Thursday, October 8, 2015

Could you invent cereal flakes like Will Kellogg did?

* An excerpt from Imagine the Future You
Paperback, e-book, audio book Available Here
Read first chapter free.
By Ada Brownell
When you listen to a famous person, think about how the celebrity achieved fame. Never forget success is always wrapped in what people do every day.

For instance, consider the Jonas Brothers. Nicholas Jonas started memorizing lines and acting at age seven. He wrote “Joy to the World (A Christmas Prayer)” with his father. His brothers joined him in music and performance. Before they toured and sold millions of albums as teenagers and young adults, they spent hours and hours developing their talents. Then they studied, practiced, and rehearsed some more.

They had goals in mind, believed God was with them, and developed their talents through trial and error, lessons, practice, study, work, practice, and more practice. They are examples of Christians who achieved fame and fortune.

In contrast to the Jonas Brothers, we have famous singers who have filthy mouths and live unholy lives. I’ve never been into the music of these people, but one day channel surfing I ran across Madonna and decided to listen a moment to see what on earth made her famous.
She’s a great singer.

Likewise there’s a huge reason Michael Jackson became a superstar. He came into this world talented, but he literally lived to sing and dance—and he practiced even the night before he died.


Since God deserves our best, it is a great catastrophe when talented youth committed to the Lord don’t bother to develop their gifts and use them to win souls and bless people! We have terrific singers on worship teams, groups that travel and present concerts in churches and auditoriums, soloists, and also recording artists who bless, challenge, and encourage. Could that be you?


Music isn’t the only gift God can use greatly. The Lord uses special people to preach the Gospel. But those who work behind the scenes, such as sound engineers, are just as important. People gifted at math and numbers are needed to work in churches as they grow, build, and work to win souls. God can use math experts in missions to help organizations, charities, and other ministries to balance their budgets.

Even the president of the United States needs people who can project ideas on how to eliminate the debt, cover important expenditures, and slash unnecessary spending. States, counties, and cities need people like that, and if they find someone with good ideas and God-given ability to help politicians live within their means, it definitely will be a ministry to the taxpayer.
Businesses, individuals, and families need auditors, office workers, financial planners, and those with expertise in risk management. People need hairstylists, and help caring for their skin and nails.

Health care organizations use people with compassion willing to learn the latest successful treatments, cures, and surgeries. We need someone to develop more effective medications and devices. But we also have a place for people willing to minister to everyday needs of people.
We look for righteous workers in politics, defense, energy development, building, auto repair, law enforcement, television and newspapers, and film production. Our nation needs firemen, godly fashion designers, sales personnel, steel and other industrial workers, secretaries, web and software designers, bankers, attorneys, real estate brokers, inspectors and appraisers, counselors, teachers and principals, painters, poets, photographers, large equipment operators, welders, farmers, and insurance agents.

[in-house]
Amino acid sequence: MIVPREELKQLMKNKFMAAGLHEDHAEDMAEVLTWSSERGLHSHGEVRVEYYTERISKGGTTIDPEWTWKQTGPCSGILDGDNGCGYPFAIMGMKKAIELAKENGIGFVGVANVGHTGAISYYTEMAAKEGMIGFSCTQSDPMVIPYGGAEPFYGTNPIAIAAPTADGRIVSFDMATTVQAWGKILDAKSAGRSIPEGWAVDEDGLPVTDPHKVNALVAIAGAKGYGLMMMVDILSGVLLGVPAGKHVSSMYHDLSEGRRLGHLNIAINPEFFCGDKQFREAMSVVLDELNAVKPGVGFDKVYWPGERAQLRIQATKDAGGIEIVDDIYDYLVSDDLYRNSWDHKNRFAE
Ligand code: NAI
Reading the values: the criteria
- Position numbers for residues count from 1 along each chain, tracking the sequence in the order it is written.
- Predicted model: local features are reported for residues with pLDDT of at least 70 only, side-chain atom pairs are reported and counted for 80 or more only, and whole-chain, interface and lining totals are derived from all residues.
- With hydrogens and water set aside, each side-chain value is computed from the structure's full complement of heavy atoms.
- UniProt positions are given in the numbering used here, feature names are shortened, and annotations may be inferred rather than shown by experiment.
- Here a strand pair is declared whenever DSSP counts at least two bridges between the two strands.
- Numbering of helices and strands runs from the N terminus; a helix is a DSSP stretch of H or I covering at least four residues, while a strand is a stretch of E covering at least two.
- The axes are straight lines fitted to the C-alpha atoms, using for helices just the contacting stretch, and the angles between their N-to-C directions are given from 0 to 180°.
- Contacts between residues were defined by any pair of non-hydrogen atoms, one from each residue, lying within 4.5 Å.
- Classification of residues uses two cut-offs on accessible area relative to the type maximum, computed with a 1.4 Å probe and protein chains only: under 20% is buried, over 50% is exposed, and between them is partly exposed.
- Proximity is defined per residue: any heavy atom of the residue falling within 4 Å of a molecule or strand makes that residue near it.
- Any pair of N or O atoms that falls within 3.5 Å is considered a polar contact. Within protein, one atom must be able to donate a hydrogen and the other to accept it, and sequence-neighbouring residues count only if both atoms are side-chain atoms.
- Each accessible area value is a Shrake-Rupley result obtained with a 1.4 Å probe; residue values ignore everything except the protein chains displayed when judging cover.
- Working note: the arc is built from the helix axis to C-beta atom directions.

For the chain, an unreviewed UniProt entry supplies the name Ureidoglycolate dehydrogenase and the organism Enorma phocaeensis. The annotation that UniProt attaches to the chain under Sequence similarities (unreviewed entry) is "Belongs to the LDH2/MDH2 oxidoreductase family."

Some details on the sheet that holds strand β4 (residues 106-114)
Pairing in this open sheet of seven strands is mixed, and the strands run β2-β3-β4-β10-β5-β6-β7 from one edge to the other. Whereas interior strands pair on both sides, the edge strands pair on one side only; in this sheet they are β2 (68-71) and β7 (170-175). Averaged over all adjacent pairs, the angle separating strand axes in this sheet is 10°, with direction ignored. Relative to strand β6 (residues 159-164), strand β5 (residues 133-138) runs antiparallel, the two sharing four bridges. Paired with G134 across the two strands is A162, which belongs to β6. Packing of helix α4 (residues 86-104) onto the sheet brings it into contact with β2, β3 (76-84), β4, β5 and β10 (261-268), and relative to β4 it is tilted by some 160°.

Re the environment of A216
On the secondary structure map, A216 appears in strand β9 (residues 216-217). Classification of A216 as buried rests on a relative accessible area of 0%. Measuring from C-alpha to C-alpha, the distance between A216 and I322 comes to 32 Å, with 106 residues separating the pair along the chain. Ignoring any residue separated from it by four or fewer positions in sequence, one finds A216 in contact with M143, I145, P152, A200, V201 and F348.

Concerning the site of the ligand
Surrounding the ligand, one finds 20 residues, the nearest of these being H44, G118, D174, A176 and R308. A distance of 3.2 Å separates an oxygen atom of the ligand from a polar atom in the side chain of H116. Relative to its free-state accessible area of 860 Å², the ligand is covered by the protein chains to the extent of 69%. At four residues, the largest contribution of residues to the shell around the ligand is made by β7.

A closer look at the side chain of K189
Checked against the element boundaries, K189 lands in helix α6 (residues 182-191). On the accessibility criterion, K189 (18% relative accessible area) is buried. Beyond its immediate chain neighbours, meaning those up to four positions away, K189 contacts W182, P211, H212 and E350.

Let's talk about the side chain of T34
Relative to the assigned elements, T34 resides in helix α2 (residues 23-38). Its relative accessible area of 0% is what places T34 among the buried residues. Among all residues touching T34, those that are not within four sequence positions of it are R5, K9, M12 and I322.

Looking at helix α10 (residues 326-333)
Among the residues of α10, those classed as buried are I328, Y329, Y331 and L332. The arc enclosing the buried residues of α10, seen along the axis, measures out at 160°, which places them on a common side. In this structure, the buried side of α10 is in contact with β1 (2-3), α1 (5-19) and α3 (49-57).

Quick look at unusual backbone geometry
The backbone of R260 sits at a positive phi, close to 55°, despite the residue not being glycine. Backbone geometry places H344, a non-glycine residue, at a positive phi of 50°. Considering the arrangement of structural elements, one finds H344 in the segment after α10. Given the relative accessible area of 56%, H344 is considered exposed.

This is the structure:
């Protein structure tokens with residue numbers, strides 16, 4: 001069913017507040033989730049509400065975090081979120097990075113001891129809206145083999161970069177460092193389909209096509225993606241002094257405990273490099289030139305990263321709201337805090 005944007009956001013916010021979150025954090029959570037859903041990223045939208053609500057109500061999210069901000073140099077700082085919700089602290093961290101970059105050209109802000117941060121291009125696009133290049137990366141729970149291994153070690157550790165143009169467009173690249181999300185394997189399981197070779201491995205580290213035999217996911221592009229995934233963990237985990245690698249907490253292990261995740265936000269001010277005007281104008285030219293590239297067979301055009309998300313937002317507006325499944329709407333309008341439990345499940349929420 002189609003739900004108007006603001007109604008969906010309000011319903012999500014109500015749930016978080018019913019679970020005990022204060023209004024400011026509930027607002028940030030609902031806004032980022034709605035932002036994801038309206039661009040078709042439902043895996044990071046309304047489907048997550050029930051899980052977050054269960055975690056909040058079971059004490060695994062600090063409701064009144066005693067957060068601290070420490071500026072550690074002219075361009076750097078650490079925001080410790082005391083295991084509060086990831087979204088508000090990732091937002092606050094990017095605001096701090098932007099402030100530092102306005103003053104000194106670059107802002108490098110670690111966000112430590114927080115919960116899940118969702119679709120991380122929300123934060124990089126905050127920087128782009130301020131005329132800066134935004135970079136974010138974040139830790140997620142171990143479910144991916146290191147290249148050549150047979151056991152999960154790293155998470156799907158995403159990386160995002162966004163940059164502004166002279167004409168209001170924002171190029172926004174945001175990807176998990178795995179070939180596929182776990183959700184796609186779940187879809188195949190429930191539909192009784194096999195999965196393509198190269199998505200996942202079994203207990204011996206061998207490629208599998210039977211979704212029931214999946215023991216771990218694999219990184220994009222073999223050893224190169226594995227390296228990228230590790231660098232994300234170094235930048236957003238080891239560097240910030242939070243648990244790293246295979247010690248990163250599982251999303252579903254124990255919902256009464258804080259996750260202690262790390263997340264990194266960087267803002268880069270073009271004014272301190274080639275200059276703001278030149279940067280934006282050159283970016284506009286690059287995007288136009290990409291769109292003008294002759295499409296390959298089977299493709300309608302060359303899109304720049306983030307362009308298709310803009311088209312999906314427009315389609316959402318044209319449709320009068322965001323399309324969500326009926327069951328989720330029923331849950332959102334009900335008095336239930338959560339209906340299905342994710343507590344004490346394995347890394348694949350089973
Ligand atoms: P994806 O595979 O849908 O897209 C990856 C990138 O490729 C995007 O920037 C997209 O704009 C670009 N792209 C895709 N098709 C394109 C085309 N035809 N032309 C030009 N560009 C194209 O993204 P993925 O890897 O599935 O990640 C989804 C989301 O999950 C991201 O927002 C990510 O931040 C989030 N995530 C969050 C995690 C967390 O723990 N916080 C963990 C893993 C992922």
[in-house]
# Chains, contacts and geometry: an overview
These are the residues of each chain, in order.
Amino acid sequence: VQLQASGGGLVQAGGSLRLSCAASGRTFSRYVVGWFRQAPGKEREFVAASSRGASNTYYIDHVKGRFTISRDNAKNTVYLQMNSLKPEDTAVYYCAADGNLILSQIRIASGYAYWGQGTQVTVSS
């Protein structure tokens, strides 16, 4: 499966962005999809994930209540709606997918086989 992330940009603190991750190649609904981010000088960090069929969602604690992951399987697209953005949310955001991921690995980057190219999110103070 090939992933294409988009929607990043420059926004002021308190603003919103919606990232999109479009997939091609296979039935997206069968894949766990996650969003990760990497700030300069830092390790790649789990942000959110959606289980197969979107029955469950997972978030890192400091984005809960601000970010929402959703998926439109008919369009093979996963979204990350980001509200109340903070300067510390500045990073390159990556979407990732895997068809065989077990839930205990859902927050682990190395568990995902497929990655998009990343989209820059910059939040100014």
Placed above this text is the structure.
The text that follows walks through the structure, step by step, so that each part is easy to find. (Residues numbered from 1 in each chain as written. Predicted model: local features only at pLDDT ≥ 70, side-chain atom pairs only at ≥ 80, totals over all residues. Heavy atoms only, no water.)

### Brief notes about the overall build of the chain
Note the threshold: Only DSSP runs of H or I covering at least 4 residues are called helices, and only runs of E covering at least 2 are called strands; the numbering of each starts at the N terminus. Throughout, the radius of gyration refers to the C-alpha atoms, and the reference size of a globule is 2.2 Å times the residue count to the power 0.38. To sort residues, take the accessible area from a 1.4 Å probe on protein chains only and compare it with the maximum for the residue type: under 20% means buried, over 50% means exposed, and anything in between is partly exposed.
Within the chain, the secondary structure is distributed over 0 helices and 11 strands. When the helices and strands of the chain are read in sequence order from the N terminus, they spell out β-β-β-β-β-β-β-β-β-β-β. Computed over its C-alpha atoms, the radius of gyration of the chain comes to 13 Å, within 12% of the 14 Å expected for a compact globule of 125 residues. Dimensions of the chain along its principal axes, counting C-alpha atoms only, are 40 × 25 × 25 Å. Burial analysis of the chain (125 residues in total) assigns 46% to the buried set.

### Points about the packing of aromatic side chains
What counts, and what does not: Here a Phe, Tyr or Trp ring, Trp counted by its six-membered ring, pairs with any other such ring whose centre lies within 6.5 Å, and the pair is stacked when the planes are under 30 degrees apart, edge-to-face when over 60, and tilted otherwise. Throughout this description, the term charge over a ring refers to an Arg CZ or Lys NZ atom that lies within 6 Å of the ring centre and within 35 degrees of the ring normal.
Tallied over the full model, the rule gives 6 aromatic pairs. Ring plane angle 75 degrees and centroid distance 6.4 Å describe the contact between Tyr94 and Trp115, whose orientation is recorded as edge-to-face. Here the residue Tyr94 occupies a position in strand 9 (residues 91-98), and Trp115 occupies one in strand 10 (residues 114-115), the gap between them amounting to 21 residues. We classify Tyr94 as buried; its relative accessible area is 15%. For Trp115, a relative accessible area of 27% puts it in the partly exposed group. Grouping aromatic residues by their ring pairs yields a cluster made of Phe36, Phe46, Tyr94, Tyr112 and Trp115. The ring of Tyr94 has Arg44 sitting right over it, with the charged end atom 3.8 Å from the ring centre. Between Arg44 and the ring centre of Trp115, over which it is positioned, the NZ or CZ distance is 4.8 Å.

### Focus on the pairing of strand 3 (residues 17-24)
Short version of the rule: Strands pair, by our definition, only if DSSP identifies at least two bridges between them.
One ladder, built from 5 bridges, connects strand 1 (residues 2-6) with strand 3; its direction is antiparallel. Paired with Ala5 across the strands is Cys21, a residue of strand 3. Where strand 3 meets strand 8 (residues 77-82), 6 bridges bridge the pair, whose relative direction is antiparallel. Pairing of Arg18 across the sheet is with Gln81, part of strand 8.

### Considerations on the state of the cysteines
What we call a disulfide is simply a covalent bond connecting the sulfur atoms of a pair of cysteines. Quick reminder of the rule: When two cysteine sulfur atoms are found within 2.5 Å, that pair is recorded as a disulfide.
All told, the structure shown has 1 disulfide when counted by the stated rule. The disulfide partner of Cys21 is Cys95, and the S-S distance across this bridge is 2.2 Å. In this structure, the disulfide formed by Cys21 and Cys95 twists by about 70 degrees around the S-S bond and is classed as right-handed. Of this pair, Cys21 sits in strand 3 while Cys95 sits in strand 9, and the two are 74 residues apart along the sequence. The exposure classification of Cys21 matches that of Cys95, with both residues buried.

We need regular people to invent things that meet needs and enhance life, comfort, and health. The list is unending of the things God can do with your talents.


Thousands of careers from which to choose revolve around your life. Watch people. Look at everything around you. Your spoon. Your cereal bowl. The cereal. The milk.

Will Kellogg, the younger brother of Dr. John Kellogg, in the nineteenth century left a pot of boiled wheat to stand, and the wheat softened. The brothers didn’t want to waste food, so they rolled the wheat and let it dry, hoping they could make it edible.

 Kellogg belonged to a Seventh-day Adventist group that operated a sanitarium and helped people through good nutrition to recover from diseases.

When the rolled wheat dried, each grain became a large, tasty flake. The brothers kept experimenting with other grains and discovered corn flakes.

Someone figured out how to make Os from grain and to pop corn and puff wheat. Other people forged spoons from a mineral in a rock. The bowl you ate out of this morning came from products someone worked to make. Someone with willing hands milked the cow, probably with a machine somebody invented, so you could have milk on your cereal.

A person made the bicycle you ride and the car you drive or hope to drive, and another person advertised it and sold it.

When you stand at a window, look at the pane. Someone made it and cut the glass that size. Another person probably put it in the frame, and a different one installed it in the house.


Look at everything, including your dinner and the clean clothes in your closet and drawers.
As we mature, we need to know so much! It’s a matter of survival to know how to cook, help with housework, and do laundry, no matter what your career. If you want a successful marriage, you need to be a willing worker, and now is the time to practice picking up after yourself and helping around the house.

You might even need to know how to grow your own food.

As you imagine yourself in the future, ask God to help and direct your life. Then you decide what talents to develop and get to work. God often calls people to careers and ministries that are totally unexpected but still require commitment and training.

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